Most infants or toddler can understand what you're saying well before they can clearly talk. As they mature and their communication skills develop, most children learn how to put their feelings into words. But a child with a language disorder may have trouble understanding words that they hear and read. This is called receptive language disorder. They may have trouble speaking with others and expressing thoughts and feelings. This is called expressive language disorder. A child will often have both disorders at the same time.
A language disorder can be frustrating, not only for parents and teachers, but also for the child. Without diagnosis and treatment, children with a receptive-expressive disorder may experience poor performance in school. They may also misbehave because of their frustration over not being able to communicate. But language disorders are a common problem in children, and can be treated.
Language disorders can have many possible causes. Although your child's language disorder may be the primary concern, it is often secondary to a medical condition or disability. Such medical conditions or disabilities may include a brain disorder like autism, an injury, or a tumor. Others may include birth defects such as Down syndrome, fragile X syndrome, or cerebral palsy. Problems in pregnancy or birth, such as poor nutrition, fetal alcohol syndrome, early birth, or low birth weight may lead to language disorders. Sometimes language disorders have a family history. In many cases, the cause is not known.
It's important to know that learning more than one language does not cause language disorders in children. But a child with language disorder will have the same problems in all languages.
A child with receptive language disorder has trouble understanding language. They have trouble grasping the meaning of words they hear and see. This includes people talking to them and words they read in books or on signs. It can cause problems with learning and needs to be treated as early as possible.
A child with receptive language disorder may have difficulty:
Understanding what people say
Understanding concepts and ideas
Understanding what he or she reads
Learning new words
A child with expressive language disorder has trouble using language. The child may be able to understand what other people say, but he or she has difficulty when trying to talk, and is often unable to express what he or she is feeling and thinking. And it's not just about difficulty speaking words. The disorder can affect both written and spoken language. And children who use sign language can still have trouble expressing themselves.
A child with expressive language disorder may have difficulty:
Using words correctly
Expressing thoughts and ideas
Singing songs or reciting poems
Your child's health care provider will ask about your child's language use, and look at his or her medical history. Your child may have a physical exam and hearing tests. He or she may see a psychologist. Your health care provider will likely refer your child to a speech-language pathologist (SLP). This is a specialist who can help diagnose and treat your child.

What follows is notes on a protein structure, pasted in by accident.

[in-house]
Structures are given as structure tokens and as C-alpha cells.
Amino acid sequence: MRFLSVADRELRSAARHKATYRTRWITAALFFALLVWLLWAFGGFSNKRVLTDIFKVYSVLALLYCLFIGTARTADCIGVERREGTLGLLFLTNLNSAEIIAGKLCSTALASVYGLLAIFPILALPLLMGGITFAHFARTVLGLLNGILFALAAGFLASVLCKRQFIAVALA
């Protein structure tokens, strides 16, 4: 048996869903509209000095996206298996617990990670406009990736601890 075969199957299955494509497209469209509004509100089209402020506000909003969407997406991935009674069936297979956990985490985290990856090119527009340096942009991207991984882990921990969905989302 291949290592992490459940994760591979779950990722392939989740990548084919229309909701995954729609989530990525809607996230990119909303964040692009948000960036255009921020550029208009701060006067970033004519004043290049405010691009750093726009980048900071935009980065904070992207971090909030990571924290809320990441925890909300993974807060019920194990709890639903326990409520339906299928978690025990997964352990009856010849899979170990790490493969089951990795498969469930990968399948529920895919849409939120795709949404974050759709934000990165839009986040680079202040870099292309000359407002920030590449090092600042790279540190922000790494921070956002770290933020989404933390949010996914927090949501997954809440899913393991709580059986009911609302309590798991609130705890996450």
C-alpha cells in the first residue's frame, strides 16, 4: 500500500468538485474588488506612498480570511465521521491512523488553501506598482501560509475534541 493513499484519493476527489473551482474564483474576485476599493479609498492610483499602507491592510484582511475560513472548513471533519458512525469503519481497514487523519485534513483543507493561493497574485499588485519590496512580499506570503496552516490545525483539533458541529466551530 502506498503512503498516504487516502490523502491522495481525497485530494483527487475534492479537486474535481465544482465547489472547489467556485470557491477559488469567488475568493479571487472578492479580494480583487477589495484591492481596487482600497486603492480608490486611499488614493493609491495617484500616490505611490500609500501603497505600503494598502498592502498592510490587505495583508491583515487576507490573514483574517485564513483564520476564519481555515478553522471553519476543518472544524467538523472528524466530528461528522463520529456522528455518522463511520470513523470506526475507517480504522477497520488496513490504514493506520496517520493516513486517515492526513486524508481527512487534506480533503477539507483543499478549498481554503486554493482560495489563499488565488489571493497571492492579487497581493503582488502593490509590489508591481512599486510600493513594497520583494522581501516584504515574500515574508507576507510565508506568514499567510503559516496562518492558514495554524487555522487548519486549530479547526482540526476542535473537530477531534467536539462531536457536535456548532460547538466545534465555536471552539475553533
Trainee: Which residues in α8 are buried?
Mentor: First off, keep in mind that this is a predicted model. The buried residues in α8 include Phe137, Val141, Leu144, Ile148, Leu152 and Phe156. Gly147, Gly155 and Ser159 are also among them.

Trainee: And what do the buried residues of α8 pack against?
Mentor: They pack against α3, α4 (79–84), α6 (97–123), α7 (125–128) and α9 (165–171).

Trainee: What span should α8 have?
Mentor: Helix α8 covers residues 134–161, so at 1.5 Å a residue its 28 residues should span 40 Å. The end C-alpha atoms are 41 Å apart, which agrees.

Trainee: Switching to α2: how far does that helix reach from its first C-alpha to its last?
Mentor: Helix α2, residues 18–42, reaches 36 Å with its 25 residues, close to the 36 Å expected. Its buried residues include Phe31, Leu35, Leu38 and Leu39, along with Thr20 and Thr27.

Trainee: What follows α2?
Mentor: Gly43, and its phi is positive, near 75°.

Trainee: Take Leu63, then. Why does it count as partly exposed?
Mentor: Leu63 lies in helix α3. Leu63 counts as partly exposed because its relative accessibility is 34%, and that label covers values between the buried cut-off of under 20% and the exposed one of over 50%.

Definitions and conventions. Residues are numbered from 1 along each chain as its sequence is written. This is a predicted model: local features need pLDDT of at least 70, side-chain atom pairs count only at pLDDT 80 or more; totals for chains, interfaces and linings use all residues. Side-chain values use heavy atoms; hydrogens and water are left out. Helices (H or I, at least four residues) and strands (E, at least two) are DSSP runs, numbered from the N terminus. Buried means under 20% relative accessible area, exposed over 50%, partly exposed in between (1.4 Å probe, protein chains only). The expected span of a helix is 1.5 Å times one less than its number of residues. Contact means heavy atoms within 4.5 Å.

An SLP will evaluate your child during play. This may be done in a group setting with other children. Or it may be done one-on-one with your child. The SLP will look at how your child speaks, listens, follows directions, understands the names of things, repeats phrases or rhymes, and performs in other language activities.
To treat your child, the speech-language pathologist will help him or her to learn to relax and enjoy communicating through play. The SLP will use various age-appropriate methods to help your child with language and communication. He or she will talk with your child and may use toys, books, objects, or pictures to help with language development. Your child may do activities, such as craft projects. He or she may practice asking and answering questions. The SLP will explain more about the techniques that are best for your child's condition.
If you think your child might have a language disorder, talk with his or her health care provider right away. Research has shown that the children who begin therapy early have the best outcome. Make sure that the SLP that you choose is certified by the American Speech-Language-Hearing Association.
The SLP will guide your child's treatment, but it's important to know that parents play a critical role. You will likely need to work with your child in order to help him or her with language use and understanding. The SLP will also talk with caregivers and teachers to help them work with your child.
Ask the SLP what you should be doing at home to help the process. The SLP may advise simple activities such as reading and talking to your child to help him or her learn words, listening and responding when your child talks, encouraging your child to ask and answer questions, and pointing out words.